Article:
Sirach 27 -28; Psalm 103:1-12; Romans 14:7-9; Matthew 18:21-35
The bible speaks of God‘s great and selfless love for us and His mercy. However, it also speaks of how God will judge us at the end of our life. Jesus compared the kingdom of heaven to that of a king who wished to settle accounts with his slaves. In the story, the king, filled with passion and mercy after seeing his slave who owed him lots of money plead for his mercy, forgave the slave’s debt. However upon hearing that the news his slave put a fellow slave in prison for owing him a small amount, he had the same slave tortured until he paid back his debt too. This is how the Lord will judge us after we die. This is a call for forgiveness. While there may be times when we make mistakes, the Lord forgives us as long as He sees our efforts to go back on the path of righteousness and our degree of remorse. God will not be forgiving to us if we do not learn to forgive others ourselves.
If we are to expect forgiveness from God, being His children, we should also forgive all the people who did us wrong. God speaks to us through our heart. If we listen to our heart and follow what we are being told to do, as well as with constant prayer for God’s guidance and help, we will be blessed with the grace to forgive others. On our own, we don’t have the capacity to forgive others, as we have the tendency to nurse our wounds and be focused on ourselves alone.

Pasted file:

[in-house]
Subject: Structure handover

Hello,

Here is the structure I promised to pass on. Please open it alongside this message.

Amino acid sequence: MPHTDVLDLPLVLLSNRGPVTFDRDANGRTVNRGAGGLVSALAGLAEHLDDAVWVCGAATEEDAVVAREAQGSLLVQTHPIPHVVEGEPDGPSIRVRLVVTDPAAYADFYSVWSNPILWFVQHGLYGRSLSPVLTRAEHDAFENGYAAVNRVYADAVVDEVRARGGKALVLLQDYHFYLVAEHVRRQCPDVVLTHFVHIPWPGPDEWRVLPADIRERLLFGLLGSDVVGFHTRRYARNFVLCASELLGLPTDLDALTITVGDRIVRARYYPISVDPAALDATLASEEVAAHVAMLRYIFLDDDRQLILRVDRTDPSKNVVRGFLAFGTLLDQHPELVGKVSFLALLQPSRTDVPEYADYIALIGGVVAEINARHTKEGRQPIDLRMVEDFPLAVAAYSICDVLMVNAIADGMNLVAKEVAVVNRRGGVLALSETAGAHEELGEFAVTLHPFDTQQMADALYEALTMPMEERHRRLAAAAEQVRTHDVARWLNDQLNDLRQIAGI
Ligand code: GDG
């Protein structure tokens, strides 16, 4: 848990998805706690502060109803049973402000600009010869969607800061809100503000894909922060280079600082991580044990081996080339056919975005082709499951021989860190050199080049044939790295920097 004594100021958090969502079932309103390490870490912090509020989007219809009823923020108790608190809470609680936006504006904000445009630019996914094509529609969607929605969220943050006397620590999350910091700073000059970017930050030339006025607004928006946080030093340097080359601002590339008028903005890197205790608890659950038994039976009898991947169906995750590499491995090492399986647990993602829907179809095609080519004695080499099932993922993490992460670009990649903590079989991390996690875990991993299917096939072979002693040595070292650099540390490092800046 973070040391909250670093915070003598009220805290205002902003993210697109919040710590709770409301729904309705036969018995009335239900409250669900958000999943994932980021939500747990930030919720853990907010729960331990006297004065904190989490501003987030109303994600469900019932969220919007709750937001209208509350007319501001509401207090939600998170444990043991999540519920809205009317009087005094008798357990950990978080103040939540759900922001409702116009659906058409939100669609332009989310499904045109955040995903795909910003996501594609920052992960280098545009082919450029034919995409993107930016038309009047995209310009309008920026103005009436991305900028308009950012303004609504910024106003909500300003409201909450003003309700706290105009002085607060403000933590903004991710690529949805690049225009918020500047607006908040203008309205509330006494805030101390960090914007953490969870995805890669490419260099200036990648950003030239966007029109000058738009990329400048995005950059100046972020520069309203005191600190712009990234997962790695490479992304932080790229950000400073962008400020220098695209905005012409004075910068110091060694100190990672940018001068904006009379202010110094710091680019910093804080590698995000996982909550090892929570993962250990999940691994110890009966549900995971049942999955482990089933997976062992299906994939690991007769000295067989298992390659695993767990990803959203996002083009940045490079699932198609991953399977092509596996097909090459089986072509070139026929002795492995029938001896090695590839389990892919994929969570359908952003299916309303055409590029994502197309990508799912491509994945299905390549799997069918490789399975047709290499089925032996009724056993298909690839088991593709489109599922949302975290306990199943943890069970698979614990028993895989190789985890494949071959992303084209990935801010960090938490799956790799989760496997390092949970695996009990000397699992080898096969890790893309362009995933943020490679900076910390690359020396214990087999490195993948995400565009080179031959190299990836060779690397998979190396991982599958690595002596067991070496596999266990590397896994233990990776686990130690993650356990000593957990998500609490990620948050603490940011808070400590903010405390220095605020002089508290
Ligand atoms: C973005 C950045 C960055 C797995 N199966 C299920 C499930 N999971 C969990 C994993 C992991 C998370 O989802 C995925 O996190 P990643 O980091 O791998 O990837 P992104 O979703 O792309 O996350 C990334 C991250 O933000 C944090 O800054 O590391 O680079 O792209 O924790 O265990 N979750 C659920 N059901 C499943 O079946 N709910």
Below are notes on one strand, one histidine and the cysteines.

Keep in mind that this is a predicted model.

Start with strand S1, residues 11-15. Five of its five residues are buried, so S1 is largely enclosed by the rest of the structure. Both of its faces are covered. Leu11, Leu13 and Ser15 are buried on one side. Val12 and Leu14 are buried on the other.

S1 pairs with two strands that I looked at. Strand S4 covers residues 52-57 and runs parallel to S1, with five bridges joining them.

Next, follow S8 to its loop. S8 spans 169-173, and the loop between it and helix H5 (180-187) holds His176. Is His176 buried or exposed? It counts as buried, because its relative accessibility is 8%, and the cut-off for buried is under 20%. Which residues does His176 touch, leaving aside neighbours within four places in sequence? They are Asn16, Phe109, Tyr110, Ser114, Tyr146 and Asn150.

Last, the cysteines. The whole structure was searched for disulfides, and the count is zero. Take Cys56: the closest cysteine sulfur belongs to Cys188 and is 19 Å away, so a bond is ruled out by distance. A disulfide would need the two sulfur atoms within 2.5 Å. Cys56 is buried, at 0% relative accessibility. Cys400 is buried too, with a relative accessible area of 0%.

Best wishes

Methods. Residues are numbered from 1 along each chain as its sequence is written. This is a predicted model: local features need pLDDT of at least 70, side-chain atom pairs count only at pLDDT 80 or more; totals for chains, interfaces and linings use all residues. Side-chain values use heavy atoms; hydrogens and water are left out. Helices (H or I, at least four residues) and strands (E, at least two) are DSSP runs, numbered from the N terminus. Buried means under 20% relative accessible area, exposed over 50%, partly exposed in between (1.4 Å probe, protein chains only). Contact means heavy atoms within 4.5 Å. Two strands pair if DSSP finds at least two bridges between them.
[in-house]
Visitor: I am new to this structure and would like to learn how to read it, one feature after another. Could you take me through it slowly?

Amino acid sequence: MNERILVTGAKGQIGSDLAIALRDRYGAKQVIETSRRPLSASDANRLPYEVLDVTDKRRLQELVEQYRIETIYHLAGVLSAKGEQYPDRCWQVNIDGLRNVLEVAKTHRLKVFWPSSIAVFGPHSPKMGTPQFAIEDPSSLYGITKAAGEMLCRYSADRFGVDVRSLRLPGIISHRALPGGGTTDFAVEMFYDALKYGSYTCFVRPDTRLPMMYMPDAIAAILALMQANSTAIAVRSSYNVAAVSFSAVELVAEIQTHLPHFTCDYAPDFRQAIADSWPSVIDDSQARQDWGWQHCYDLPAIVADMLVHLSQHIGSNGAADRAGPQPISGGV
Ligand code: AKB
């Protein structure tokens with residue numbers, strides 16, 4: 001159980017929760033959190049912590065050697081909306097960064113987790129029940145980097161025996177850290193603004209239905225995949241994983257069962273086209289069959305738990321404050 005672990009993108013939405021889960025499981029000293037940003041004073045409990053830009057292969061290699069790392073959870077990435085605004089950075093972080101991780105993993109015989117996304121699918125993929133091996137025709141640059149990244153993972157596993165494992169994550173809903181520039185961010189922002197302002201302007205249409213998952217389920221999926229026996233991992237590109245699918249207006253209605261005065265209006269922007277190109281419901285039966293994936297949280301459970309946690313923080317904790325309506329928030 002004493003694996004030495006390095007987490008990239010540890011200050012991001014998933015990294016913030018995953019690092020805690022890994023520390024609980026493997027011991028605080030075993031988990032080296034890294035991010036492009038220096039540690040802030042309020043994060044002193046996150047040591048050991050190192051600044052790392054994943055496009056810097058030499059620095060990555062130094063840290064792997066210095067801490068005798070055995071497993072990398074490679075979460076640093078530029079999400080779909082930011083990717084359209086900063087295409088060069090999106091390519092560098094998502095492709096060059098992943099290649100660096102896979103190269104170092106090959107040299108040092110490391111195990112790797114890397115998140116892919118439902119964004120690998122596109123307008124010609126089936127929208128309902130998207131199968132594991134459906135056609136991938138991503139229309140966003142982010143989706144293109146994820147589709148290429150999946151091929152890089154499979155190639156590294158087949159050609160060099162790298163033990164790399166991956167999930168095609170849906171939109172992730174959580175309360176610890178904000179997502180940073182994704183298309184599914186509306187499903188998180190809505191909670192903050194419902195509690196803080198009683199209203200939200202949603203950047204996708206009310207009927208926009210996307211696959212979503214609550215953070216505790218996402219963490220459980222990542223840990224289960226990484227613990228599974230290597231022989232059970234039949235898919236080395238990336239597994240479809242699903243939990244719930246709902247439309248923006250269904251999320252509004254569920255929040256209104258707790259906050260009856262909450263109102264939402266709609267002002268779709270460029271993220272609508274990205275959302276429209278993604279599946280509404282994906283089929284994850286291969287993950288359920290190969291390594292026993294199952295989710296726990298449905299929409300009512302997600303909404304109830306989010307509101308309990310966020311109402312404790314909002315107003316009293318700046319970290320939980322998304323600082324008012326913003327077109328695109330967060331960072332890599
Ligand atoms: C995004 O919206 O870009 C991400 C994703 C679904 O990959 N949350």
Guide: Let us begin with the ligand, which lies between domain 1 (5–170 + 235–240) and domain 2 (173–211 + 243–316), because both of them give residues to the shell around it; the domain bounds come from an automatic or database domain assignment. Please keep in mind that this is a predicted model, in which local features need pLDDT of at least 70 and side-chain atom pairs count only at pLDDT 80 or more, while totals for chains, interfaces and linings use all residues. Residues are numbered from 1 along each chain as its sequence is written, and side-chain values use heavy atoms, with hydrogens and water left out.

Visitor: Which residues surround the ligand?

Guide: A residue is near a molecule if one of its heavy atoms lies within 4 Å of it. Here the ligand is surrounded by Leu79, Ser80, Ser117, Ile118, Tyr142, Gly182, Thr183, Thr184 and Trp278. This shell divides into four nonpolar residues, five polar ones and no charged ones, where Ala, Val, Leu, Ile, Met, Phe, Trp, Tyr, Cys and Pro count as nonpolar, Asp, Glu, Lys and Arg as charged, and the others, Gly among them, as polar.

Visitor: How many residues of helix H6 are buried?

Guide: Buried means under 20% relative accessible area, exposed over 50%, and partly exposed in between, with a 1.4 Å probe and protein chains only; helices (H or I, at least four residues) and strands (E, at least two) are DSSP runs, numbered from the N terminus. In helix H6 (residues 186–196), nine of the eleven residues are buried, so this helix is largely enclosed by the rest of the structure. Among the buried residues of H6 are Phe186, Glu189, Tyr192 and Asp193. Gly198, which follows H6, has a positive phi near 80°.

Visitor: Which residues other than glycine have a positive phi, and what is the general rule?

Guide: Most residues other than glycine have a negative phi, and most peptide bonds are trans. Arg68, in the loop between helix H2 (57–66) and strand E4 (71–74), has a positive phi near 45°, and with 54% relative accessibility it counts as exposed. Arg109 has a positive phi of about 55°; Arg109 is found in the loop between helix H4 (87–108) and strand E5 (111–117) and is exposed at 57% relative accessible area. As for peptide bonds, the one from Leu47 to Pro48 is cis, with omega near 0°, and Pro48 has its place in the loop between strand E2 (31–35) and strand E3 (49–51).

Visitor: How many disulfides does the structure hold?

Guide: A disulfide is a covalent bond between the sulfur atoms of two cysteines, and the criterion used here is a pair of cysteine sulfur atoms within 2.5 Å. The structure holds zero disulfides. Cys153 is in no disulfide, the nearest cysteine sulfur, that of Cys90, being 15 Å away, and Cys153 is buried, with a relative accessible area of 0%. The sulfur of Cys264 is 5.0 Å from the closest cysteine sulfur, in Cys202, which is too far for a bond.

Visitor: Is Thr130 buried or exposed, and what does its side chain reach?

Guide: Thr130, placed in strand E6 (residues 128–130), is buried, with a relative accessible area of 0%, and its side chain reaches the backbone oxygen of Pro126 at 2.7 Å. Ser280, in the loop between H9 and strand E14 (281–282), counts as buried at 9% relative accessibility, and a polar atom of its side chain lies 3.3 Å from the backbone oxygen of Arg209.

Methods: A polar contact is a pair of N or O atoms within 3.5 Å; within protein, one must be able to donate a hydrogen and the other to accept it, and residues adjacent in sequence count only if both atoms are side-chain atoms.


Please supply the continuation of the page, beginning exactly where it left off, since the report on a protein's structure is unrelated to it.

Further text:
We should also love others as we love ourselves. We should also be selfless towards other, just as God is with us.
Today, we commemorate the 10th year death anniversary of the fallen heroes from the 9/11 attacks on the Pentagon and the Twin Towers in NYC. Americans were united as one on this fatal day ten years ago, and even to some degree up to nowadays. A lot of the people who died sacrificed their lives to save others, like the firemen, policemen, and other public servants. Even civilians were drawn to help find surviving American victims from the rubble from the devastation of the Twin Towers and the Pentagon building. While it’s easy to pray for the victims of 9/11, it is a challenge to pray for the terrorists of 9/11. However, by the grace of God, I have come to realize that the terrorists are misguided, and are lost in their own selfish world, and they have a misconception of God and what He wants. They are, however, our brothers and sisters in the eyes of God. I think we should also pray for their guidance and enlightenment. Pray that there would be no more war as well, as war is not the solution to end terror. We should be leading by example, not retaliating by committing the same sin. God should be the one to give justice to the victims, not us. We shouldn’t play god.